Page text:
James’ study is a follow-up to one in which she found active police officers, military personnel and the general public took longer to shoot black suspects than white or Hispanic suspects. Participants were also more likely to shoot unarmed white suspects than black or Hispanic ones and more likely to fail to fire at armed black suspects.
"In other words," wrote James and her co-authors, "there was significant bias favoring blacks where decisions to shoot were concerned."
This seems to make sense if both the sense of threat and the delay in analyzing the situation both stem from unfamiliarity with the body language and clothing signals. I'd guess the more unfamiliarity, the more delay.
I'd like to see if this is symmetric; if blacks have a similar delay vis-a-vis hispanics, for instance. I'm not sure if "white culture" is ubiquitous enough to provide enough familiarity: quite a few people I've known have lived in relative bubbles. If it isn't symmetric, then I'd start looking at the effects of social expectations on behavior. But I guess there'd be a similar effect.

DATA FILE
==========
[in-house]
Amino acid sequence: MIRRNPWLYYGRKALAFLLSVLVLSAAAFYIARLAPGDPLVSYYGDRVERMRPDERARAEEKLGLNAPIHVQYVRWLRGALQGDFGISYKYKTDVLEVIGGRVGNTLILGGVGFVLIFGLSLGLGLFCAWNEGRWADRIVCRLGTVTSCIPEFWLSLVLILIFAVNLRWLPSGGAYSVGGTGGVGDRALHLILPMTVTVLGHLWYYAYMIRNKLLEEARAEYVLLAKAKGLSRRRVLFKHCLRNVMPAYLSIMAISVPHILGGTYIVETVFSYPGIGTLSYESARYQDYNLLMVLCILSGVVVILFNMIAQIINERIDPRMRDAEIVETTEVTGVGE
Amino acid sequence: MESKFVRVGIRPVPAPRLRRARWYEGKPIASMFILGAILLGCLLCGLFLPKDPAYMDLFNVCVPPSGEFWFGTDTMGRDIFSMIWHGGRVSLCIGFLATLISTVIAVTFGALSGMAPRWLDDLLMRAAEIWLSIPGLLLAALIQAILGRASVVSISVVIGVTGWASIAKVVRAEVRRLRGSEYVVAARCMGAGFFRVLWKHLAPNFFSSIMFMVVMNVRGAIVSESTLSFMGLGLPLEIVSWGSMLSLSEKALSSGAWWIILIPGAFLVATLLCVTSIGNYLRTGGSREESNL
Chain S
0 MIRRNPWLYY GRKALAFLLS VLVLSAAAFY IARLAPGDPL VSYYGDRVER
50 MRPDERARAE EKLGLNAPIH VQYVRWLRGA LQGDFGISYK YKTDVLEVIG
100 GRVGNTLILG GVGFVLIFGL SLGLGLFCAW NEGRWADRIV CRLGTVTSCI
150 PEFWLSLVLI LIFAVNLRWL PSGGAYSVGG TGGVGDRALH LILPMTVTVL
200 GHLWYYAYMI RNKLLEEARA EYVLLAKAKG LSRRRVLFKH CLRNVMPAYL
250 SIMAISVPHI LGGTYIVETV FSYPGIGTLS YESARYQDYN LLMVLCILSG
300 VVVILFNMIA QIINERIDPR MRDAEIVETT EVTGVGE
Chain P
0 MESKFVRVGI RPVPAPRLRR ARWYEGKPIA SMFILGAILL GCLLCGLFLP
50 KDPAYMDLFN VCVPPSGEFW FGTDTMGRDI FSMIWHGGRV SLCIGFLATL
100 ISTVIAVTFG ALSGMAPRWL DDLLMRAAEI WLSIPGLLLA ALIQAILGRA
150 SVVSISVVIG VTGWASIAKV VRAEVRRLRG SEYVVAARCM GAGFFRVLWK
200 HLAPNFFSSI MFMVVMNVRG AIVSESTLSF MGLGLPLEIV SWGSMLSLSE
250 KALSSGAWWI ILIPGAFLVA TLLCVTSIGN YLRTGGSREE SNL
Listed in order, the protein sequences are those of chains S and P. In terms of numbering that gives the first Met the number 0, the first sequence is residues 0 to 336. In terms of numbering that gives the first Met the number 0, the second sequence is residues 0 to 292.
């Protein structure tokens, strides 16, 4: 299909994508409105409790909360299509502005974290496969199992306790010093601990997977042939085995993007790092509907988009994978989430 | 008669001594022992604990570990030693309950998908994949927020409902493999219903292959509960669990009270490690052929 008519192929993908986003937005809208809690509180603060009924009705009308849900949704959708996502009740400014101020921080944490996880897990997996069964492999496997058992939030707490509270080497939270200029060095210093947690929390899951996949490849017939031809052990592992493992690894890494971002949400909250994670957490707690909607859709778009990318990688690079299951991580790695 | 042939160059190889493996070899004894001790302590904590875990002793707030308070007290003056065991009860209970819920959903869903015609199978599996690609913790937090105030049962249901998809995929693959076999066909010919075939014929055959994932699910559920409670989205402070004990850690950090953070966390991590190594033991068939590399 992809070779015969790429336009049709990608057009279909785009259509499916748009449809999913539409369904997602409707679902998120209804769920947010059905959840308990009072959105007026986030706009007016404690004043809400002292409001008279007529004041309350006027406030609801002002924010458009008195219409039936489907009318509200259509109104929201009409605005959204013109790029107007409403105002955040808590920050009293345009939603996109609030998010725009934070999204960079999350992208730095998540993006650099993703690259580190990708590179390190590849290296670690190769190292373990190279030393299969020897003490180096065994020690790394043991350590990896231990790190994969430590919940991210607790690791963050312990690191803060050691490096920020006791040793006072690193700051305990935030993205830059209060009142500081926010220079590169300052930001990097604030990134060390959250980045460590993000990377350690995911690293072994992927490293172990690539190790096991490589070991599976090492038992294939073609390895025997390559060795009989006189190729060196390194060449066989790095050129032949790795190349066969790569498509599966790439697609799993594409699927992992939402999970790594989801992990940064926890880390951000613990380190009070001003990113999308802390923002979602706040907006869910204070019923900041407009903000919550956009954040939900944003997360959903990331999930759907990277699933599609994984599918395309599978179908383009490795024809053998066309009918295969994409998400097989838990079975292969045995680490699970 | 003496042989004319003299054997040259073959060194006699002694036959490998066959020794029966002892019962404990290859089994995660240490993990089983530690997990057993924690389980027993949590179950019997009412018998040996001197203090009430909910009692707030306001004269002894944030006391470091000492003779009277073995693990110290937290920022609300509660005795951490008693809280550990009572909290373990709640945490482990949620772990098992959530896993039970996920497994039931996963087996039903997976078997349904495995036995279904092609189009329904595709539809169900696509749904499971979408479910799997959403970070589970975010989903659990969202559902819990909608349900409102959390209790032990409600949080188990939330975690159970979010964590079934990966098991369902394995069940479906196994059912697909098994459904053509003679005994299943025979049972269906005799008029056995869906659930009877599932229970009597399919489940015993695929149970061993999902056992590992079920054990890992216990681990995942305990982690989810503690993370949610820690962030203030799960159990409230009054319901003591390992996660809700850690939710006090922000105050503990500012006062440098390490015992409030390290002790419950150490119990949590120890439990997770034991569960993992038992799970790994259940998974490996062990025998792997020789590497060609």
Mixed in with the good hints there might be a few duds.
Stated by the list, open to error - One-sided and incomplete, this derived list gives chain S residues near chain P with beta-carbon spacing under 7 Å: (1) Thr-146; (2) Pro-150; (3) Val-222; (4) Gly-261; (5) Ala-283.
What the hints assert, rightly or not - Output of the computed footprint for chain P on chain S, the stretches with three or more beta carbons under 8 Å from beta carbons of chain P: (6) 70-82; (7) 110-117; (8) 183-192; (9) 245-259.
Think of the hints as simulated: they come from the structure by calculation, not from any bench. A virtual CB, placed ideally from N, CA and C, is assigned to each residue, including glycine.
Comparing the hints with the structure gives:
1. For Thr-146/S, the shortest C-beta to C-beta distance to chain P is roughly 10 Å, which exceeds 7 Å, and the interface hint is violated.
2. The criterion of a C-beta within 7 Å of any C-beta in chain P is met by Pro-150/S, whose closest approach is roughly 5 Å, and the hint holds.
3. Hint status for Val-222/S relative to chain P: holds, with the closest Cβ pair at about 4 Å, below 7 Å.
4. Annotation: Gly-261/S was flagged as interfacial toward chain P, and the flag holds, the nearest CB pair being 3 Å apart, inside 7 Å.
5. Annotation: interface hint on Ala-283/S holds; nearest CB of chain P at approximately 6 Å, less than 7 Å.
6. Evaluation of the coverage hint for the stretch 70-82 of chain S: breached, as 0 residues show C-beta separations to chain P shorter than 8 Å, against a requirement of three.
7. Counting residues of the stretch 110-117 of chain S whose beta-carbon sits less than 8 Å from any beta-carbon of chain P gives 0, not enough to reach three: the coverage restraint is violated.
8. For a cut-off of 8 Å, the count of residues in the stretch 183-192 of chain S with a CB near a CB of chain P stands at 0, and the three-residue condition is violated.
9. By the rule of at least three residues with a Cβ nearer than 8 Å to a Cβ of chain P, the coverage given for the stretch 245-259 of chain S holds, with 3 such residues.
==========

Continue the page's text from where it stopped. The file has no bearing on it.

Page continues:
Statistics show that police shoot ethnic and racial minorities disproportionately to their population.
But the last comprehensive look at the racial makeup of justifiable and non-justifiable shootings was a 2001 study using more than two decades of U.S. Bureau of Justice data, said James. And while statistics show black suspects are shot at more frequently than white suspects, the 2001 study found black suspects were also as likely to shoot at police as be shot at.
Recall that this most recent study was not of law officers, but ordinary citizens.
When confronted by an armed white person, participants took an average of 1.37 seconds to fire back. Confronted by an armed black person, they took 1.61 seconds to fire and were less likely to fire in error. The 240-millisecond difference may seem small, but it’s enough to be fatal in a shooting.
I got to be in one of those situation simulators when I participated in the local "Citizen's Academy" program. We were informed that we novices were allowed to hold the "weapon" at ready, but the police had to keep it holstered and draw. We weren't all that fast. It turns out a lot of bad things can happen in a second--one way or another.
I wonder what the followups will show.